Cordova, Alaska Fish Hatchery Sentenced for Illegal Waste Disposal

Image: Prince William Sound Aquaculture Corp.

A corporation in Cordova, Alaska that operates several fish hatcheries has been sentenced to pay a $450,00 fine and $550,000 in restitution and five years of probation for illegal disposal of hazardous waste at one of its hatcheries.

Chief U.S. District Court judge Sharon L. Gleason handed down the sentence in Anchorage last week for the Prince William Sound Aquaculture Corp. (PWSAC). Gleason noted that it was “regrettable that it took such a serious injury to bring about this charge.”

Court documents showed that on June 27, 2018, the maintenance manager at the Cannery Creek Hatchery in Unakwik Inlet instructed an employee to burn several 50-gallon drums that contained hazardous waste, causing serious injury to the employee.

Cannery Creek and other PWSAC hatcheries had been accumulating hazardous waste for many years without an appropriate method of storage or disposal.

Probation requirements include PWSAC following an environmental compliance plan under which the corporation would prepare an environmental compliance manual and undergo site visits by a third-party auditor. U.S. Attorney for the District of Alaska S. Lane Tucker said the crime would cause lifelong consequences for the victim, as well as harmful impact to the environment.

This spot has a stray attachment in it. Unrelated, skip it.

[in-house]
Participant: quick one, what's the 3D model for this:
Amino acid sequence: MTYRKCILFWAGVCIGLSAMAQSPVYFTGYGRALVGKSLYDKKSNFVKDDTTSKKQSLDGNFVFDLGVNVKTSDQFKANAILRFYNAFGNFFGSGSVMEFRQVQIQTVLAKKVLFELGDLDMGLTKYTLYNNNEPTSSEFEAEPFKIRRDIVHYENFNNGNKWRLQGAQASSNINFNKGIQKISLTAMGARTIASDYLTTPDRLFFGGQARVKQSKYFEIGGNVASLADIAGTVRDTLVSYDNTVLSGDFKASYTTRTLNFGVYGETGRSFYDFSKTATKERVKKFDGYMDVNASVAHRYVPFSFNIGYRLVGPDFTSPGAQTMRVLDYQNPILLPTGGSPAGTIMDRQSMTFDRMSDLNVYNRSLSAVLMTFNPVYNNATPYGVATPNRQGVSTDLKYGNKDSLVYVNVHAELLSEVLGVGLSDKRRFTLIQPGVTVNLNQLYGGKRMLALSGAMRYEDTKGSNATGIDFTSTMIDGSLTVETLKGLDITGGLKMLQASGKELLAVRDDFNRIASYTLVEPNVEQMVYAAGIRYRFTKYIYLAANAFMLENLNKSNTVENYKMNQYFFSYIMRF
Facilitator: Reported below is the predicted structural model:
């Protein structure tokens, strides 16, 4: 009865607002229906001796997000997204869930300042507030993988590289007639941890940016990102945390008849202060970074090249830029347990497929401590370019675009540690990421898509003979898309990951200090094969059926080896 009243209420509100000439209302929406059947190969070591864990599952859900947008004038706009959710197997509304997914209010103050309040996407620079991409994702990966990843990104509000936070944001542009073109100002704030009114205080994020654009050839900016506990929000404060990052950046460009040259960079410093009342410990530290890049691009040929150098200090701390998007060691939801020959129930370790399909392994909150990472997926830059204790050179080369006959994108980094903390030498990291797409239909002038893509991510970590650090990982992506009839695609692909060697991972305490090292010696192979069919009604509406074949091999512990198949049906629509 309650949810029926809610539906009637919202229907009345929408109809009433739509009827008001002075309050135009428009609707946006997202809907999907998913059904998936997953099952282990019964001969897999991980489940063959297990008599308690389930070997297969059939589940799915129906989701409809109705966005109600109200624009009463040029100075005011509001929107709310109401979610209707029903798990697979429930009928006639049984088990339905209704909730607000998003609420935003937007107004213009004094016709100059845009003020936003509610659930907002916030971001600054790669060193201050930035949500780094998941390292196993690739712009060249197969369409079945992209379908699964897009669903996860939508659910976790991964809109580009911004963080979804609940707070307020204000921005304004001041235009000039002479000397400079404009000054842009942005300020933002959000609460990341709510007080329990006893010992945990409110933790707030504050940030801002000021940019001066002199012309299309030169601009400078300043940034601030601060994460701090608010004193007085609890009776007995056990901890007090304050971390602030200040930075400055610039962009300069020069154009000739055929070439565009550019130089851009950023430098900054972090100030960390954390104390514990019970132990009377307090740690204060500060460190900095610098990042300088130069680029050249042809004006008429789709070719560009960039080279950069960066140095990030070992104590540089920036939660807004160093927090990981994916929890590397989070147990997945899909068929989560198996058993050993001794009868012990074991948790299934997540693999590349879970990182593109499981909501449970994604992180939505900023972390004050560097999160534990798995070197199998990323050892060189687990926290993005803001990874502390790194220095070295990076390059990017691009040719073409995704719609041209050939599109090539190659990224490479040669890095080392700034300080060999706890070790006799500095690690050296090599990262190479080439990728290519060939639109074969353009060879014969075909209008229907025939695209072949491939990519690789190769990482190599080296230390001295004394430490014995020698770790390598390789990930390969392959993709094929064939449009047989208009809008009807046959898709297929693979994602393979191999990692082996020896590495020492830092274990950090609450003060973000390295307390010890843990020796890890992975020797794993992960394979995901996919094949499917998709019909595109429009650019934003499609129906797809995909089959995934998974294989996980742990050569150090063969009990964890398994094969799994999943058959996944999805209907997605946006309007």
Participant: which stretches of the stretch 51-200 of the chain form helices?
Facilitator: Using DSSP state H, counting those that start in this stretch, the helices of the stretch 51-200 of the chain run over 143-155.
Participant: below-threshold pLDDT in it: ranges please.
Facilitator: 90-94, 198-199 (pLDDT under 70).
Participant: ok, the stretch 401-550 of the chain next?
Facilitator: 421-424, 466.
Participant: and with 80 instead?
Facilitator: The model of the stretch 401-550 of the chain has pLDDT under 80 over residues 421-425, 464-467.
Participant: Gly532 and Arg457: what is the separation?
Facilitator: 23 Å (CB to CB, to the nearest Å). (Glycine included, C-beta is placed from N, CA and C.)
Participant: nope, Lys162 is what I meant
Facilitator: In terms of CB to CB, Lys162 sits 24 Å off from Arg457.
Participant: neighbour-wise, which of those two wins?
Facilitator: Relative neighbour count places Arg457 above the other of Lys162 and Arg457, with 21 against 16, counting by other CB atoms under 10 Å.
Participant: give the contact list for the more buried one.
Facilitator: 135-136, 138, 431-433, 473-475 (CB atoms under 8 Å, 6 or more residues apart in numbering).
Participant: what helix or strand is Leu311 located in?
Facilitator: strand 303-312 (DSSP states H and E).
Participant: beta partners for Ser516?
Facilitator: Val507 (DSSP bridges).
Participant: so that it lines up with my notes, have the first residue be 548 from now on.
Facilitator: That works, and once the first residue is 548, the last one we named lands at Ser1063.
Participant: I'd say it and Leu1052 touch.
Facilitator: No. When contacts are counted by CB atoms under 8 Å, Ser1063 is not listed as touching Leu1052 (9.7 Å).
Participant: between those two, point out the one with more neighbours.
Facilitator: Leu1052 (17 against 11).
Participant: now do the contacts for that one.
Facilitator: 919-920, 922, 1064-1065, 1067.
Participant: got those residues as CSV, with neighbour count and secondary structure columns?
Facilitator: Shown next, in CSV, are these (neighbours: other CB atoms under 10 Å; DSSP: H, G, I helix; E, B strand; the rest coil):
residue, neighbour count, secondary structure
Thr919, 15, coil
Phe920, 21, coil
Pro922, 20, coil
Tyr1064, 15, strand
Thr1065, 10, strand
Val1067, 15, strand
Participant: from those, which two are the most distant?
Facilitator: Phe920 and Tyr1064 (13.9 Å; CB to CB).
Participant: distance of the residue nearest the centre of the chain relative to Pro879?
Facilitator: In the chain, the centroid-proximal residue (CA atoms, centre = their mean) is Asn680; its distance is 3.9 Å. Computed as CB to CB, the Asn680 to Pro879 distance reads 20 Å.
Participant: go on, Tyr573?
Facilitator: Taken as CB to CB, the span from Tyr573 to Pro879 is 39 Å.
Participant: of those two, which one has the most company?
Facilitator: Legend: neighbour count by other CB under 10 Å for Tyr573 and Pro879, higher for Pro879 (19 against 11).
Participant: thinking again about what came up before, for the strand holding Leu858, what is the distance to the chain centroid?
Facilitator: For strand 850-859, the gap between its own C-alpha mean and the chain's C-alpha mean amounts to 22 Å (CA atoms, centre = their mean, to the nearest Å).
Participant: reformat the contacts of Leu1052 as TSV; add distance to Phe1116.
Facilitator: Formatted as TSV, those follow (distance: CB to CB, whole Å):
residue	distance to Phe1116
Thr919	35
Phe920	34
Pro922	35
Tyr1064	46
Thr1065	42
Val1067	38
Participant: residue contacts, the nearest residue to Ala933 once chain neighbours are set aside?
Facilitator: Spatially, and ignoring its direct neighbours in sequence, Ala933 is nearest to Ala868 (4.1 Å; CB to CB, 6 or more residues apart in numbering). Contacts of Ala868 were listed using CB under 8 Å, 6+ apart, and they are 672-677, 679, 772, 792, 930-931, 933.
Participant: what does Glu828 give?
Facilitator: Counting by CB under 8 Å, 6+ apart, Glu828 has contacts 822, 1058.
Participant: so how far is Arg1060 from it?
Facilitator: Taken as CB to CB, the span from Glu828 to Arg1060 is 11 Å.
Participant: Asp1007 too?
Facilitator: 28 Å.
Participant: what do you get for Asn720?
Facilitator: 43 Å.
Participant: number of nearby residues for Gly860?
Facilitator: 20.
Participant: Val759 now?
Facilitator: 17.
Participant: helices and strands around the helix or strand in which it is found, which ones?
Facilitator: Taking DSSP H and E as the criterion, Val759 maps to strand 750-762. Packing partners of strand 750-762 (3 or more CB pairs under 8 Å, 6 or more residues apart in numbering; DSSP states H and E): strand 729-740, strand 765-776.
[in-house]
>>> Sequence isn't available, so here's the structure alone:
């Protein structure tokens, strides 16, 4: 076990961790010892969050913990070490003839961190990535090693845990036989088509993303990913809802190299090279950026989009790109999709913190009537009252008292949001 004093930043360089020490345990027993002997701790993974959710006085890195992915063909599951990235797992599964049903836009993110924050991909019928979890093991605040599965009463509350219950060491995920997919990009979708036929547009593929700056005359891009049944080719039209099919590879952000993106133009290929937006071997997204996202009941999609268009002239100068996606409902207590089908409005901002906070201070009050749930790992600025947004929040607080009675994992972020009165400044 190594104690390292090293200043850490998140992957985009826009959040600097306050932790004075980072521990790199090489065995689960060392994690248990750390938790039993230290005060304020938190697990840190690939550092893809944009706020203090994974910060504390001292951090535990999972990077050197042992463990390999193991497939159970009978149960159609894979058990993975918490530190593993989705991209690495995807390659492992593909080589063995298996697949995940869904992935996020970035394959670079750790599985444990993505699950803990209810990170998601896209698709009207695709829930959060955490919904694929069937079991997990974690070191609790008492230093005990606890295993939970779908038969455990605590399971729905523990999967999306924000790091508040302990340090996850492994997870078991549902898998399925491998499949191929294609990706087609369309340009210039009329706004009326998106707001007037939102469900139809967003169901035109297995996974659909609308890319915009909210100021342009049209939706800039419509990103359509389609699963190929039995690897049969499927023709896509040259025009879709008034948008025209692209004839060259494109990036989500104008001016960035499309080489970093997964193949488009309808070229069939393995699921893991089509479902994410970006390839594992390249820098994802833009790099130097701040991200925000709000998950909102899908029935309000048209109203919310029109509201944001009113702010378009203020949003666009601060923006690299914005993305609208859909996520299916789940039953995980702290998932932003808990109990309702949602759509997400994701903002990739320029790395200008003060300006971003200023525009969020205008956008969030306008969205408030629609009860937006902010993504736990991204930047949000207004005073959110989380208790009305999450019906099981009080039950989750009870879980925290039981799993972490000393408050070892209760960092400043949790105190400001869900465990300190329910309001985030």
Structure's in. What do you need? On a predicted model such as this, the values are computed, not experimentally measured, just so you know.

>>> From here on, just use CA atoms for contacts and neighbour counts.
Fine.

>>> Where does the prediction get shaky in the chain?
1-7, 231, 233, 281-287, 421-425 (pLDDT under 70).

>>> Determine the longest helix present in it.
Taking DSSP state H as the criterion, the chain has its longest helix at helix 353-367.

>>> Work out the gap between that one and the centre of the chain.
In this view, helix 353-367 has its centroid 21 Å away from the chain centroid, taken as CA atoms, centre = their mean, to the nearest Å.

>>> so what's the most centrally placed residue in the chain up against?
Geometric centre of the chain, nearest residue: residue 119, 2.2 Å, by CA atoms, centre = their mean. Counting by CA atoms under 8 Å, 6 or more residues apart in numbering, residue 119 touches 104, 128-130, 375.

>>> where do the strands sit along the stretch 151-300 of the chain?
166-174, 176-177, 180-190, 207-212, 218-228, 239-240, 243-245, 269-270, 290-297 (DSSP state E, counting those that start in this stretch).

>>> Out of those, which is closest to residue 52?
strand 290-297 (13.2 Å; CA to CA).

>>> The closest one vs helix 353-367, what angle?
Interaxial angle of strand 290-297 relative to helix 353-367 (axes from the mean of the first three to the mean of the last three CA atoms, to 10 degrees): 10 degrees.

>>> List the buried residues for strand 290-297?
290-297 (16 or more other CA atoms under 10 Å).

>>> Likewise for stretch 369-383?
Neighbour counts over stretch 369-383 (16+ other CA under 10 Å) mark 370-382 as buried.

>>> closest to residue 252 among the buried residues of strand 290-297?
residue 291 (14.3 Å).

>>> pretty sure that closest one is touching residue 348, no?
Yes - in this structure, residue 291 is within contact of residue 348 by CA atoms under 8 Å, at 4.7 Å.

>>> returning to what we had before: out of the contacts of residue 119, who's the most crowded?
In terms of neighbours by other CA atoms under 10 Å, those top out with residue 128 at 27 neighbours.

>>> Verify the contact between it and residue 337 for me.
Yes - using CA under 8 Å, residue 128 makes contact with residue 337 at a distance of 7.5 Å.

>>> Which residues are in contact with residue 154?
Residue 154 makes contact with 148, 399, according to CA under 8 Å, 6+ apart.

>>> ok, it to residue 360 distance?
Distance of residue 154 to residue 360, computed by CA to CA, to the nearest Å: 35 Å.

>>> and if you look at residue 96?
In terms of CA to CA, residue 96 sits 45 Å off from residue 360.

The defendant ignoring environmental regulations for disposing of hazardous waste resulted in the explosion on the corporation’s property and injuries to its employee, said Scot Adair of the Environmental Protection Agency’s criminal enforcement program in Alaska.

PWSAC had earlier acknowledged the improper disposal of hazardous waste. The plea agreement also acknowledged the company’s history of mishandling fuel, including a 2013 incident in which there was a 400-gallon diesel fuel spill from a heating oil tank at the Cannery Creek Hatchery in which the state of Alaska filed charges.

The case was investigated by the EPA criminal Investigation Division, the U.S. Forest Service and the Alaska Department of Environmental Conservation.